Is Tor better than a VPN?
Tor may sound like an overpowered VPN, but there are more differences than similarities under the hood.
A VPN masks your identity by routing your traffic through a centralized channel between you and the server. In this case, you not only have to trust that an intruder can’t crack the VPN’s defenses, but also that the VPN provider itself won’t eavesdrop on what you’re doing on the web.
On the other hand, Tor depends on a decentralized network of computers spread across the world and pushes your internet requests through multiple layers of encryption and nodes. No one relay has all the information, and every time you browse the web, your traffic is routed through new, random locations. It’s also free, unlike some reliable VPN services, which usually have a monthly fee.
VPN services do have one-upper hand, though. You can select which region you want to browse from and unlock foreign content on streaming apps like Netflix.
Instead of picking between a VPN and Tor, it’s better to use them together for added security, but if you have to choose, the latter is the way to go. That said, many notable VPN services also come with support for Tor browsing.
Will Tor make your internet slow?
Privacy often comes at the cost of convenience, and Tor is no different. As opposed to just a single two-way connection, you’re establishing over half a dozen.Therefore, naturally, it will take a second or two for your website to load on Tor. It’s also worth noting that Tor hosts about a million daily users but just over 6,000 relays.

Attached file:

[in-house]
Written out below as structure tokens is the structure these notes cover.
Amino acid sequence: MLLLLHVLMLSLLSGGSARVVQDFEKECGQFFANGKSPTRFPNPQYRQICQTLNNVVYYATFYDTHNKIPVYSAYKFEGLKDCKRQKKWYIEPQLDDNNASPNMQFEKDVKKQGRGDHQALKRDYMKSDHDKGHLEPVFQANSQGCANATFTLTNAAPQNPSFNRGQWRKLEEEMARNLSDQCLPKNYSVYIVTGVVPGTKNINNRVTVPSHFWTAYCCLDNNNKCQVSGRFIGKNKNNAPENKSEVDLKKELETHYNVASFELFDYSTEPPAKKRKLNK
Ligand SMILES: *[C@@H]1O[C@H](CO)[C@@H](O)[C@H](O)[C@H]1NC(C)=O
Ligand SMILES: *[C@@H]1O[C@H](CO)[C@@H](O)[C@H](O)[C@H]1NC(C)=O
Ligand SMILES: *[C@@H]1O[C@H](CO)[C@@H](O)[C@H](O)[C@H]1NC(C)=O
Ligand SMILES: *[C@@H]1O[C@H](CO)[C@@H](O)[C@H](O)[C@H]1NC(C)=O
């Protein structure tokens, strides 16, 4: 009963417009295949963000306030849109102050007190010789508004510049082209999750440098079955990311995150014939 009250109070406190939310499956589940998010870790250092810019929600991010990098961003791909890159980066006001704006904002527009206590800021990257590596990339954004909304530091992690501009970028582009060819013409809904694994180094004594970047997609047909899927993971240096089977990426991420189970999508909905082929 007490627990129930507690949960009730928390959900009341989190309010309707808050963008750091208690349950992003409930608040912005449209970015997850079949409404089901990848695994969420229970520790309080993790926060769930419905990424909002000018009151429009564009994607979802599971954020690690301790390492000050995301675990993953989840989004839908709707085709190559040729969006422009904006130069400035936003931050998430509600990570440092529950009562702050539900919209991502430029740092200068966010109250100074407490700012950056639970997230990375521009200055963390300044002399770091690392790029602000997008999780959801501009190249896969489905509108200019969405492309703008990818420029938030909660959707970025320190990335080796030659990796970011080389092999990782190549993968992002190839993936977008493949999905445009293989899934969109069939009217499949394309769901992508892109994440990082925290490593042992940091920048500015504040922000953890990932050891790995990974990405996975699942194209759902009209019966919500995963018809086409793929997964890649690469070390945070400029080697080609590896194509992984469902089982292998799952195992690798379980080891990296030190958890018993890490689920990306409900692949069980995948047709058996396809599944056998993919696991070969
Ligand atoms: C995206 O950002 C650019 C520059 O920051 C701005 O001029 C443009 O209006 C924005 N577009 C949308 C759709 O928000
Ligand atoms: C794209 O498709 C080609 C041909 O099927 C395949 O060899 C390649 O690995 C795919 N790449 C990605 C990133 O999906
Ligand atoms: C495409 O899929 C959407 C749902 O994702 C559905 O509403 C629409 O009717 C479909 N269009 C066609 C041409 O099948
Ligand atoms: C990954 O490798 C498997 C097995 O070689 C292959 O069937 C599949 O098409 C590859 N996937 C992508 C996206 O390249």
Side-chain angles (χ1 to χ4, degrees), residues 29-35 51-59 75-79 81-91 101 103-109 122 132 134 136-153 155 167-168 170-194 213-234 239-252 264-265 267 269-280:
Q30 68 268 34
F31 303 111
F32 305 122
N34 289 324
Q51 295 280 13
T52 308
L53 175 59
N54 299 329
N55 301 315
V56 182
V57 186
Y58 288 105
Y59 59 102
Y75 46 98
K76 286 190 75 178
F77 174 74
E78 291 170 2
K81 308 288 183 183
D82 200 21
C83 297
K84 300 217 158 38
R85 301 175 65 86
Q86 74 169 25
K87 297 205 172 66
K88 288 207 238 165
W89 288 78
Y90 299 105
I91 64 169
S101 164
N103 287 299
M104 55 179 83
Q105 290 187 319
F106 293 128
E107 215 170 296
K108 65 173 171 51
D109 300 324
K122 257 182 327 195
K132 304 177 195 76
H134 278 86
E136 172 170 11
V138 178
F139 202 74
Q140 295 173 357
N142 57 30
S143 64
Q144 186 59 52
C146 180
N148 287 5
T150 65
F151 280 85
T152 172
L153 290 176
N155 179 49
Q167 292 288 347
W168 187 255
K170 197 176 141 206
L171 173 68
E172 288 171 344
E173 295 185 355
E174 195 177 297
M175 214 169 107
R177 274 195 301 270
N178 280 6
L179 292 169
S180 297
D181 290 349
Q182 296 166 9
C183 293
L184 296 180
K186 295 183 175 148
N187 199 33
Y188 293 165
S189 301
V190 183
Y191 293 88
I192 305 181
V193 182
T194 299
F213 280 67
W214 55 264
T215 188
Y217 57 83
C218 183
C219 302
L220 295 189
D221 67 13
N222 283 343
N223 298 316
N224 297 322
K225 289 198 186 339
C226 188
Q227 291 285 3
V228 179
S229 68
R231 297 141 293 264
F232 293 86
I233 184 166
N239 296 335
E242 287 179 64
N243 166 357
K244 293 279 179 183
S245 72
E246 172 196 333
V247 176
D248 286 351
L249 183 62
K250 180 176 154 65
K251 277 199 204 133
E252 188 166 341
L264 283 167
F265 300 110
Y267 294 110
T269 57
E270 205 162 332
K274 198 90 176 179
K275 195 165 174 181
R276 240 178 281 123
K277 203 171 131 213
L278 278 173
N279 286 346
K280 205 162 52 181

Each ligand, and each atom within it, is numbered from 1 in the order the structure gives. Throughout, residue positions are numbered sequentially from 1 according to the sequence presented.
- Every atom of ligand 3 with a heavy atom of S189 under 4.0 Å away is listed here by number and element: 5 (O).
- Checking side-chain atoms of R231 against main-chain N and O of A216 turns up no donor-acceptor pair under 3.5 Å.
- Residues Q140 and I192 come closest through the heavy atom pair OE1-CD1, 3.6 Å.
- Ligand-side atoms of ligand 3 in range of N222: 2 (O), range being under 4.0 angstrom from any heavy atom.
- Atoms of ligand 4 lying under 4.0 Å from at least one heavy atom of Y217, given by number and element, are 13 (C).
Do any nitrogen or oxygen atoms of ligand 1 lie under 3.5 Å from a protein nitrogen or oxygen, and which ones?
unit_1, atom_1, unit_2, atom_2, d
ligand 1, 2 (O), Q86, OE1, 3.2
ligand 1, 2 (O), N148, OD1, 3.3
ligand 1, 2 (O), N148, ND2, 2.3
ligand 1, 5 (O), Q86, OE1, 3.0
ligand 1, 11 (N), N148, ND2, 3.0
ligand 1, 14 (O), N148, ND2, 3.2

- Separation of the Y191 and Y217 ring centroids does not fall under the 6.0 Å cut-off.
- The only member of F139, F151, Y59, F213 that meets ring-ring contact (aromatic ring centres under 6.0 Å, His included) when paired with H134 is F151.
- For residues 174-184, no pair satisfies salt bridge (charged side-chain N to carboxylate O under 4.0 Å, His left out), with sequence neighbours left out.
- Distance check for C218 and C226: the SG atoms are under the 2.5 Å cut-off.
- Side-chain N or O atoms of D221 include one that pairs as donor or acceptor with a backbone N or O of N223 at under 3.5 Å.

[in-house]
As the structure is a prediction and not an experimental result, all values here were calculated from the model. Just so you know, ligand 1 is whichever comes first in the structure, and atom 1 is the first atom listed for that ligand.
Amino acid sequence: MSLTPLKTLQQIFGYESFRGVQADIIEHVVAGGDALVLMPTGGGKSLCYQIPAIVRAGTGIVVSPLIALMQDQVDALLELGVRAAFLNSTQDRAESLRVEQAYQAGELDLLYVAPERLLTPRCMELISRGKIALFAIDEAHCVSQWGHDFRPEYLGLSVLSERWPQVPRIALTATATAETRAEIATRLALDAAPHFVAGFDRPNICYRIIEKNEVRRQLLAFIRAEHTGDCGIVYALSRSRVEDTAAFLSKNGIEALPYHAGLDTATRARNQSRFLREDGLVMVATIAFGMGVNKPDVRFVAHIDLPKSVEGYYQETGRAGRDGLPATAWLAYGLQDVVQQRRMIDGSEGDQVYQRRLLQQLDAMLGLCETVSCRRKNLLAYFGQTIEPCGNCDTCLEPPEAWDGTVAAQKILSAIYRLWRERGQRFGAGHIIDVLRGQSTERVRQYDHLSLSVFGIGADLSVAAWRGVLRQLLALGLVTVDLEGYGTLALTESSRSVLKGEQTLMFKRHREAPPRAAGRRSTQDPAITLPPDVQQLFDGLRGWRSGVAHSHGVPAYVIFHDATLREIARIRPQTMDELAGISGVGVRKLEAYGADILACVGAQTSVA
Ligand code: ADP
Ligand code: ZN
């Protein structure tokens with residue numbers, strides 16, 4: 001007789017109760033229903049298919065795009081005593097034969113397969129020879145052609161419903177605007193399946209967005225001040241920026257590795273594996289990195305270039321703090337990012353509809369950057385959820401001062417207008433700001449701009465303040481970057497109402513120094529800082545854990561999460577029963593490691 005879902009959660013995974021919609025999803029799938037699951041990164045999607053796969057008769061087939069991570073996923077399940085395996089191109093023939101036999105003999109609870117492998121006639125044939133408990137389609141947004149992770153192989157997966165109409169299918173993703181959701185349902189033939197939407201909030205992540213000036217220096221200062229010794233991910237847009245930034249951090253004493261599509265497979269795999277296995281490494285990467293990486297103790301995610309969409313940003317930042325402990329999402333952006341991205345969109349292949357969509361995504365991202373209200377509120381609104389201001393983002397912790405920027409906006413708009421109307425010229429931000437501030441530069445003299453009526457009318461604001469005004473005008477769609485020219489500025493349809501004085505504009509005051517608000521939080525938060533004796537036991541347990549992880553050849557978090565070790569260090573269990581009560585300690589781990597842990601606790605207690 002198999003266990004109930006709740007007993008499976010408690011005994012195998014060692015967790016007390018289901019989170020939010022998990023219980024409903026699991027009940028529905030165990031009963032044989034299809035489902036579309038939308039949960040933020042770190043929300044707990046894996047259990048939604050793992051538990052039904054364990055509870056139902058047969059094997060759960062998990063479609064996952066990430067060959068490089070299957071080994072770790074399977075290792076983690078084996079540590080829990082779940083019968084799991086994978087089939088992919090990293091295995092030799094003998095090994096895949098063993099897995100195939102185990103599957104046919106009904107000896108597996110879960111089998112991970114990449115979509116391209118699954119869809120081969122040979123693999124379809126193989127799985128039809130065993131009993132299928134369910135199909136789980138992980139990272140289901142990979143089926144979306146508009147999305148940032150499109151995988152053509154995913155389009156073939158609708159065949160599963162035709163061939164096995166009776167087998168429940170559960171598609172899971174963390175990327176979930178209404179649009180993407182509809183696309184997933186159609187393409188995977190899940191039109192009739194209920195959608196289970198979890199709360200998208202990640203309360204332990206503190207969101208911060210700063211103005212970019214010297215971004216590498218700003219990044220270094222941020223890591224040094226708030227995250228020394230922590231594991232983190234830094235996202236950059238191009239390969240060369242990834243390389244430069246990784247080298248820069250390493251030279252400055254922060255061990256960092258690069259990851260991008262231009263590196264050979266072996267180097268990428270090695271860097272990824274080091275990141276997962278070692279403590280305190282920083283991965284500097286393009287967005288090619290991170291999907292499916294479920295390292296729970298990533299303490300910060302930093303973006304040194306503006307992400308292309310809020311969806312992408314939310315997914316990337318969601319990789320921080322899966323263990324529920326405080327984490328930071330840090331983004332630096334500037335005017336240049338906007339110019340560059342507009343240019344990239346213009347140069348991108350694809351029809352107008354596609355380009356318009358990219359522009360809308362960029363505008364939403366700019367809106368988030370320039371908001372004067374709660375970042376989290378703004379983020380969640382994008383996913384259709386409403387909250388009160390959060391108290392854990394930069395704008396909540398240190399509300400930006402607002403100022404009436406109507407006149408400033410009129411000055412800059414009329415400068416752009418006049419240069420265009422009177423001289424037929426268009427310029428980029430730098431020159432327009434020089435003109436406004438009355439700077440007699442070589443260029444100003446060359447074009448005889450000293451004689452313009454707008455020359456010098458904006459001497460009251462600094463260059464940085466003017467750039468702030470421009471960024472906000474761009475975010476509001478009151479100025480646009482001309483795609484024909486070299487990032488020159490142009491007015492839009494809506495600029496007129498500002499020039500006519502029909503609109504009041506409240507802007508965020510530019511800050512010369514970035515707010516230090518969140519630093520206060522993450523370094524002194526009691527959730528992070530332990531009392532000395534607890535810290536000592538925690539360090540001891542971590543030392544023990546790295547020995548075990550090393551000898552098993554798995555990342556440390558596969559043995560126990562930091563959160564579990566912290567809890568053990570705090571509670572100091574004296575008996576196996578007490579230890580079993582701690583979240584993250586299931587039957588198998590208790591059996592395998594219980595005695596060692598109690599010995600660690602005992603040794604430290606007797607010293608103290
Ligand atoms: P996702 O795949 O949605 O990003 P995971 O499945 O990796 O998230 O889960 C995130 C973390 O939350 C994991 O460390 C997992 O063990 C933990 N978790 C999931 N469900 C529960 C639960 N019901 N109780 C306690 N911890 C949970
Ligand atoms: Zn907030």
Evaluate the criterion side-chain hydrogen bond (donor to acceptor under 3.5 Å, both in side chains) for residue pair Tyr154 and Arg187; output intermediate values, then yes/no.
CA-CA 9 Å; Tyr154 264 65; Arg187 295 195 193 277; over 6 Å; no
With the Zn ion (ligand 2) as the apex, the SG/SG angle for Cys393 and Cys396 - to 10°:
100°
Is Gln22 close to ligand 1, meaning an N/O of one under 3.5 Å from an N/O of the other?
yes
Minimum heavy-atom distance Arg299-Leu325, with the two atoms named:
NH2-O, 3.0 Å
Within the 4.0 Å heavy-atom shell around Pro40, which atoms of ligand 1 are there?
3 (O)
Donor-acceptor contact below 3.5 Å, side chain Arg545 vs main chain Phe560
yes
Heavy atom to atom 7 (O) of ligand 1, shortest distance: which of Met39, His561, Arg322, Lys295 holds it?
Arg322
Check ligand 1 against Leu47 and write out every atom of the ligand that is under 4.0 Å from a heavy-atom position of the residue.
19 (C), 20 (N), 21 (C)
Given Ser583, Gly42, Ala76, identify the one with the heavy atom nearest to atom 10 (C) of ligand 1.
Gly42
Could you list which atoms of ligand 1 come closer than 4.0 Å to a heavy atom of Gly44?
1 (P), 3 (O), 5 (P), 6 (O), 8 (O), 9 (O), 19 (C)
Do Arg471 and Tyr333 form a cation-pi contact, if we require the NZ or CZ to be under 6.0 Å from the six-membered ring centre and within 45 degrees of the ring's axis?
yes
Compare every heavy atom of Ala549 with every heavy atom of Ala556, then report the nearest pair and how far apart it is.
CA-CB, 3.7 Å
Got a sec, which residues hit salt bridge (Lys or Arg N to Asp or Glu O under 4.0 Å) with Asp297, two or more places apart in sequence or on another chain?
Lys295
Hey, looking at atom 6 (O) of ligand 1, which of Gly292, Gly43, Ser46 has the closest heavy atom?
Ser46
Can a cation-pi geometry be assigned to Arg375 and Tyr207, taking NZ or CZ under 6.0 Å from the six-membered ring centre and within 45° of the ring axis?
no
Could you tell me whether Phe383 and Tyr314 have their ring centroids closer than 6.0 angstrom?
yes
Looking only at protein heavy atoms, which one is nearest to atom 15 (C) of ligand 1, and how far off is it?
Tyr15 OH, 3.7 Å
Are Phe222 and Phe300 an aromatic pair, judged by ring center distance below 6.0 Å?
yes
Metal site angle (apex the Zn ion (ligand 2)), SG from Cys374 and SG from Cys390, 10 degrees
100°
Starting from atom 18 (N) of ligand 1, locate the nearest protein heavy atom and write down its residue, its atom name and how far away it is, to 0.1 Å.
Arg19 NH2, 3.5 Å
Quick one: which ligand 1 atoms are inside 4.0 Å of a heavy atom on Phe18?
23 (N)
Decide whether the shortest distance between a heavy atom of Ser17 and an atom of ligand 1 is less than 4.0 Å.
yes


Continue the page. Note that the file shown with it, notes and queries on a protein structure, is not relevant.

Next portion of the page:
Is Tor safe?
Tor is legal, and you won’t get into trouble for downloading it, but there are a few things you must keep in mind.
Tor is often referred to as the gateway to the dark web. Because it allows anyone to cover their tracks, it’s actively employed for illegal activities such as piracy.
The bigger concern with Tor in recent years has to do with the exit node. Although Tor’s exit node doesn’t have a clue about the original sender, it’s responsible for decrypting your data packet for the recipient. Hence, it can technically read it, unlike the other nodes. Due to the spike in Tor activity from malicious actors, privacy experts have warned that law enforcement and intelligence servers now run their own exit nodes for surveillance purposes. Though the Tor network picks the final node at random, anyone can sign up to be a relay and, now and then, get a chance to serve as the exit.
However, if you’re only browsing through Tor to escape the eyes of advertisers and trackers, you should be fine. For additional security, you can stick to HTTPS-only sites so that your data remains air-sealed while moving between nodes.
How to use Tor
There are a few ways you can take advantage of Tor. The most straightforward method is to download the official Tor browser, which works like any other browser with a range of extra advanced security protections. It is available for Windows, macOS, Android, and Linux. Alternatively, you can use the Brave Browser’s incognito mode that automatically toggles on Tor. On an iPhone and iPad, you can grab the open-source Onion Browser (opens in new tab) to navigate the web via Tor.
If you’re on Android, there’s another handy app you should install. It’s called Orbot, and it encrypts all the traffic leaving your phone with Tor, not just your browser activities.